To identify and functionally characterize the mutation responsible for autosomal dominant retinitis pigmentosa (adRP) in a large, six-generation French family.
Methods
Twenty individuals from this family participated in the genetic investigation. Six affected and 14 unaffected individuals from three-generations were available for linkage analysis using microsatellite markers flanking the rhodopsin (RHO) gene. A two-point logarithm of odds (LOD) score calculation was undertaken using GENEMARKER and MLINK software. Sanger sequencing of RHO was performed. Cellular localization of the mutant protein was performed by transforming SK-N-SH cells with pEGFP-N1-Rho, pEGFP-N1-Rho(P23H), and pEGFP-N1-Rho(c.614–622del).
Results
The proband had nyctalopia, visual field constriction, peripheral bone spicule pigmentation of the fundus, central acuity (6/24 RE; 6/12 LE) at 55 years of age. Linkage analysis of this family suggested RHO as a possible candidate since the flanking marker D3S1292 yielded a LOD score of 2.43 at θ=0. Cloning of an exon 3 PCR product and direct sequencing of single clones identified a novel deletion in the third exon of RHO, c.614–622del (p.Y206-F208del). The deleted mutant protein localized to the endoplasmic reticulum and formed inclusion bodies.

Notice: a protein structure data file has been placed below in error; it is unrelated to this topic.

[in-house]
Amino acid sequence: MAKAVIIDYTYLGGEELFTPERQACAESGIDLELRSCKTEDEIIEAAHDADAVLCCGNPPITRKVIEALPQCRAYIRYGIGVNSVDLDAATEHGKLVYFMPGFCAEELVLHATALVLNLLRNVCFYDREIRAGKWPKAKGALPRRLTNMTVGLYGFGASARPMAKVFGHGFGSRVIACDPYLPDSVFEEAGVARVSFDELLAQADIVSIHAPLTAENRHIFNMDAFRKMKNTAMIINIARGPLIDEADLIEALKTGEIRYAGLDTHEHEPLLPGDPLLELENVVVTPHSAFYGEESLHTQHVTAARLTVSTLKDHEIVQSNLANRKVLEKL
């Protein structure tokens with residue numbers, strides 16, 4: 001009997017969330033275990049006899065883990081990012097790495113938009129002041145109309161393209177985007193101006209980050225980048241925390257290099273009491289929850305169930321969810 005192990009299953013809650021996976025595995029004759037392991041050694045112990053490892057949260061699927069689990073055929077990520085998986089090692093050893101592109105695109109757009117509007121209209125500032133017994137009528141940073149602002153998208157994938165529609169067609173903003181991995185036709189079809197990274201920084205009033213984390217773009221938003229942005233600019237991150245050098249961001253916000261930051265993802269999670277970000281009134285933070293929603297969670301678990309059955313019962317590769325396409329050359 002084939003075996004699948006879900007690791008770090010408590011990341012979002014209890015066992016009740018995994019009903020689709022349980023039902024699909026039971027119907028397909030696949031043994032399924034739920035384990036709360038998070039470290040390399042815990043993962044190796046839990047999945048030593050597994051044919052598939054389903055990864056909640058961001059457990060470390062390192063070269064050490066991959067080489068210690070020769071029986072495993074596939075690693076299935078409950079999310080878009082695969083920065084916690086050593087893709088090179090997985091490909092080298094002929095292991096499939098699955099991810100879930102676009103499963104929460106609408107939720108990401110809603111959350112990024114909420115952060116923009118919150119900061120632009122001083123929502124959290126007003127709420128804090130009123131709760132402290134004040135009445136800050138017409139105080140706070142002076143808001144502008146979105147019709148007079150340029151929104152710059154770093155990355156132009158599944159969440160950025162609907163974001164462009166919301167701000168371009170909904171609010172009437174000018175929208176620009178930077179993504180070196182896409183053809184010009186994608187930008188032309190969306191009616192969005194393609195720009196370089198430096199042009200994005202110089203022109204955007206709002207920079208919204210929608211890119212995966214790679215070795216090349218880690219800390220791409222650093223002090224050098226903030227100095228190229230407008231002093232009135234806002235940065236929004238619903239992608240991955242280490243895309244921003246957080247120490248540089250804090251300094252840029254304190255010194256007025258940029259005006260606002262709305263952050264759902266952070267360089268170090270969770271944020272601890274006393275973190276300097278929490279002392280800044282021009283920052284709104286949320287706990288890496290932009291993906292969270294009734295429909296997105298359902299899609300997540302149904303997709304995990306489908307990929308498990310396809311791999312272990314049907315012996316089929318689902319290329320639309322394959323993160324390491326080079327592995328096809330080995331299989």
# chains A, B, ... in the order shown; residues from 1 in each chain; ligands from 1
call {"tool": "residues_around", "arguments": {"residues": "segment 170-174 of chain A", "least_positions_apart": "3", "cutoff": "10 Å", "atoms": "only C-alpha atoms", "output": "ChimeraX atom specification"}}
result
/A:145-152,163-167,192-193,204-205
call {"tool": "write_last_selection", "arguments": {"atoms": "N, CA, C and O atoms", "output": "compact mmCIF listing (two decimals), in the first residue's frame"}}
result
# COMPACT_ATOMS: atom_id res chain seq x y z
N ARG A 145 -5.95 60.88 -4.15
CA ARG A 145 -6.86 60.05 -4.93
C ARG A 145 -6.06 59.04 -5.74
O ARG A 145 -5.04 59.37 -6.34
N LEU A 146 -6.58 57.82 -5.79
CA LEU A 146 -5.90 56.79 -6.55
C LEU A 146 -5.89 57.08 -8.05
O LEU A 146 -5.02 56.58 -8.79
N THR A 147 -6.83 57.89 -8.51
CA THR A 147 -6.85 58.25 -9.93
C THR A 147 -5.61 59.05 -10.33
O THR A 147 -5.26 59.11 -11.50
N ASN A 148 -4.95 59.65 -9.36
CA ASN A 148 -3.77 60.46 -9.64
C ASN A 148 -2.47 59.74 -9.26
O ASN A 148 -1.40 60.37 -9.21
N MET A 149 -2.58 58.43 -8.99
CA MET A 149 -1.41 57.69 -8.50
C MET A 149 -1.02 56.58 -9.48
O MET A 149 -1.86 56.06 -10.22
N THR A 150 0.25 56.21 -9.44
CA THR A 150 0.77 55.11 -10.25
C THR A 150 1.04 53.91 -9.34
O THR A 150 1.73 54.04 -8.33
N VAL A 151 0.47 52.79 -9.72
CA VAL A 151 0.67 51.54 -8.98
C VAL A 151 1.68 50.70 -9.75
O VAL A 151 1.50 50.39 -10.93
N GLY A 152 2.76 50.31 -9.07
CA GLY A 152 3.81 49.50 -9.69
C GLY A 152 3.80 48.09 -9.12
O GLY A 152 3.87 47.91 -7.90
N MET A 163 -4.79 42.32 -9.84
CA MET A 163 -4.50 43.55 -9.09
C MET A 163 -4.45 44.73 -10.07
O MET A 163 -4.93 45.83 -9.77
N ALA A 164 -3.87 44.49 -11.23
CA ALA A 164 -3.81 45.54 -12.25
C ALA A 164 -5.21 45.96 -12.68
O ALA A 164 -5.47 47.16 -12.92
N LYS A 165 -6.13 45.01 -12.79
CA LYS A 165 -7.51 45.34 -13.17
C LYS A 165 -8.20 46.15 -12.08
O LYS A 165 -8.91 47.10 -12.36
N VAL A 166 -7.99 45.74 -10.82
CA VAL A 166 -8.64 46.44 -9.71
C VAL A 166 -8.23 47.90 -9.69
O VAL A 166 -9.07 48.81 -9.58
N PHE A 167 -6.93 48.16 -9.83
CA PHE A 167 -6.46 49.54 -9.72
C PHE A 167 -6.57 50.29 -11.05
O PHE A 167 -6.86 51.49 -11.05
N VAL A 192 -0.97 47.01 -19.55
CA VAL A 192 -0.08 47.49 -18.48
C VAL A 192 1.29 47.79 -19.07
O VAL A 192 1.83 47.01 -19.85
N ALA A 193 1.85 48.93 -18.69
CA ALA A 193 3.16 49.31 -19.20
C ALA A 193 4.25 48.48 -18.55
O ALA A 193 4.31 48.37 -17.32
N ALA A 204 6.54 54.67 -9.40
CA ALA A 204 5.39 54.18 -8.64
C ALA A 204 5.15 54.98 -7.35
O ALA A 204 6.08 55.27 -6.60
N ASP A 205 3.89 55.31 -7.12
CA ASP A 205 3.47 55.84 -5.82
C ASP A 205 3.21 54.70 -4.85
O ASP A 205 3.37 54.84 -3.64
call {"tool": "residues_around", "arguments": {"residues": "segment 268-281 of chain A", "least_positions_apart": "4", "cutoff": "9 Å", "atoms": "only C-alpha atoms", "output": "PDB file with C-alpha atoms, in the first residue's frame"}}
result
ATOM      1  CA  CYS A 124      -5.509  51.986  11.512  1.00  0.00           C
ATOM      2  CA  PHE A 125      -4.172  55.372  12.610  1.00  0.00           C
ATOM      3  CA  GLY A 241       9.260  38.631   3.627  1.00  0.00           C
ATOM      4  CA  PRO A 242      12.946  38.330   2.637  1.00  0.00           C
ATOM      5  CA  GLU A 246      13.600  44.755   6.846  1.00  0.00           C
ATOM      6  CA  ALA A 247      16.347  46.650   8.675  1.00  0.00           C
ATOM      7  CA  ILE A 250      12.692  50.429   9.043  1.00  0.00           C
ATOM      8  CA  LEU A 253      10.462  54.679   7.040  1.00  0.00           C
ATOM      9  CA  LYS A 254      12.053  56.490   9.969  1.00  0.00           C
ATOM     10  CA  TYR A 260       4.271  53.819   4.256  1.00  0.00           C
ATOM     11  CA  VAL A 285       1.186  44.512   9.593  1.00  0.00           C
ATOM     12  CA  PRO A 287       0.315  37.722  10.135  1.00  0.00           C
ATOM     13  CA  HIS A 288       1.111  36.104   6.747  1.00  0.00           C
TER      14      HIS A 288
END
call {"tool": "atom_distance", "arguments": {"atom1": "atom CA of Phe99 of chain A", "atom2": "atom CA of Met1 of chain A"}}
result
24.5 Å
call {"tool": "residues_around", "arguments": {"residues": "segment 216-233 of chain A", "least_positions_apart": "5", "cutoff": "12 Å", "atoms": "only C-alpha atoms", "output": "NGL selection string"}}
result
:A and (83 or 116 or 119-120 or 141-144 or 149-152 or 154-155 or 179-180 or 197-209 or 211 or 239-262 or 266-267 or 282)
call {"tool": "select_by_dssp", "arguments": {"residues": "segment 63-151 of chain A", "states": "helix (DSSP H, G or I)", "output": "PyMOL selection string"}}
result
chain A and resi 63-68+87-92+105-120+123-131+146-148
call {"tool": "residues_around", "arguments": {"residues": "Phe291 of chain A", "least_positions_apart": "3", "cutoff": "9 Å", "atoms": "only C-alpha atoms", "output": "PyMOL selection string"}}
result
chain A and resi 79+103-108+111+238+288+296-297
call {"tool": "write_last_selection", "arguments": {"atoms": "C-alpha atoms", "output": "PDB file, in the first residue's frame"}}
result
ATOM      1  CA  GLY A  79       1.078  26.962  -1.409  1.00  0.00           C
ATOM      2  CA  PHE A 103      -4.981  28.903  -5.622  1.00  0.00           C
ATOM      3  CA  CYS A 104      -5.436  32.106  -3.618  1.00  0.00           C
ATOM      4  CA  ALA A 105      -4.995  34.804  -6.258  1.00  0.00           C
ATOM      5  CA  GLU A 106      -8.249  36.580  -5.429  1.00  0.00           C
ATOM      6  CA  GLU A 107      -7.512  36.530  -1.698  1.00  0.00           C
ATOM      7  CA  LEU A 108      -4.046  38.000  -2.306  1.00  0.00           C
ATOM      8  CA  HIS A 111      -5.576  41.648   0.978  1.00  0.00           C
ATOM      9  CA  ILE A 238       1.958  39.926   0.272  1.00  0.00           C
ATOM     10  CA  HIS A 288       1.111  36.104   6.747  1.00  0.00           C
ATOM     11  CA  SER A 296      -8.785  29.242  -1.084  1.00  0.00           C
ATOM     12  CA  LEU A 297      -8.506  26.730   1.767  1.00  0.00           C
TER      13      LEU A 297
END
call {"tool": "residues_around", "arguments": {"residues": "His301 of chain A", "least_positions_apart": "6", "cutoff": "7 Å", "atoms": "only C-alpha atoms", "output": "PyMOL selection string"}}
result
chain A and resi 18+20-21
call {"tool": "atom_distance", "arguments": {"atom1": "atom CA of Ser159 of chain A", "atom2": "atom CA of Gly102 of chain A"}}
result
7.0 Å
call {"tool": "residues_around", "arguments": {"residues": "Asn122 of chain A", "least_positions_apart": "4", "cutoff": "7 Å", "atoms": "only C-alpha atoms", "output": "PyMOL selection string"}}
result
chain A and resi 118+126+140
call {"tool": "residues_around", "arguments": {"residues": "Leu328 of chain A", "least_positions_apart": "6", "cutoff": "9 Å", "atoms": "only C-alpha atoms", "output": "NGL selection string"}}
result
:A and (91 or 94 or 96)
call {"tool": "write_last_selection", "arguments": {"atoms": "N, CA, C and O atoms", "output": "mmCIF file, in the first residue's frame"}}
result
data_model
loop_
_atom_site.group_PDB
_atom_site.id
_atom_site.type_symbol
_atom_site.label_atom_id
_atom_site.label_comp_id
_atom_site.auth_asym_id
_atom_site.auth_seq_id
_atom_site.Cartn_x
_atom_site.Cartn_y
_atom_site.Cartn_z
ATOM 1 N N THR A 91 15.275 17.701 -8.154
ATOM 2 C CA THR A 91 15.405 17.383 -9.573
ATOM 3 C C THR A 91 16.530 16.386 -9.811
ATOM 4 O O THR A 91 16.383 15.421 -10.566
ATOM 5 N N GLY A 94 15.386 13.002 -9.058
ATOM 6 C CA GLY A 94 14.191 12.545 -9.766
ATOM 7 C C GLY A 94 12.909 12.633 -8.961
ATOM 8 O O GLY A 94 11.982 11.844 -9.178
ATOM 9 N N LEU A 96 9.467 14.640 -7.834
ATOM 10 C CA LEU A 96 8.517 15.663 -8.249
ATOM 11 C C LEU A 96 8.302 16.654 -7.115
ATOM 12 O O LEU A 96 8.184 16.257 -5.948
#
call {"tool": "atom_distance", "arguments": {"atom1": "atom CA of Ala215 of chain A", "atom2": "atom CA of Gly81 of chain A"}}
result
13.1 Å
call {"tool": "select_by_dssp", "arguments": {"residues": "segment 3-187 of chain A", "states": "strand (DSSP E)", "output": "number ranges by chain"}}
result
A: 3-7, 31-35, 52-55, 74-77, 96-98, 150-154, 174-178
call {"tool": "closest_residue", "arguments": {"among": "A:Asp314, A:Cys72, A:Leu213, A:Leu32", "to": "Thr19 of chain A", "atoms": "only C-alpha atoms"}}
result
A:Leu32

Conclusions
This novel deletion in exon 3 of the RHO gene, c.614–622del results in a classical form of adRP in a multi-generation French family. Protein expression analyses confirmed that the deletion led to protein misfolding and suggest this is a class II mutation, similar to P23H, the most common class II mutation seen in North America.
PMCID: PMC3298422  PMID: 22419850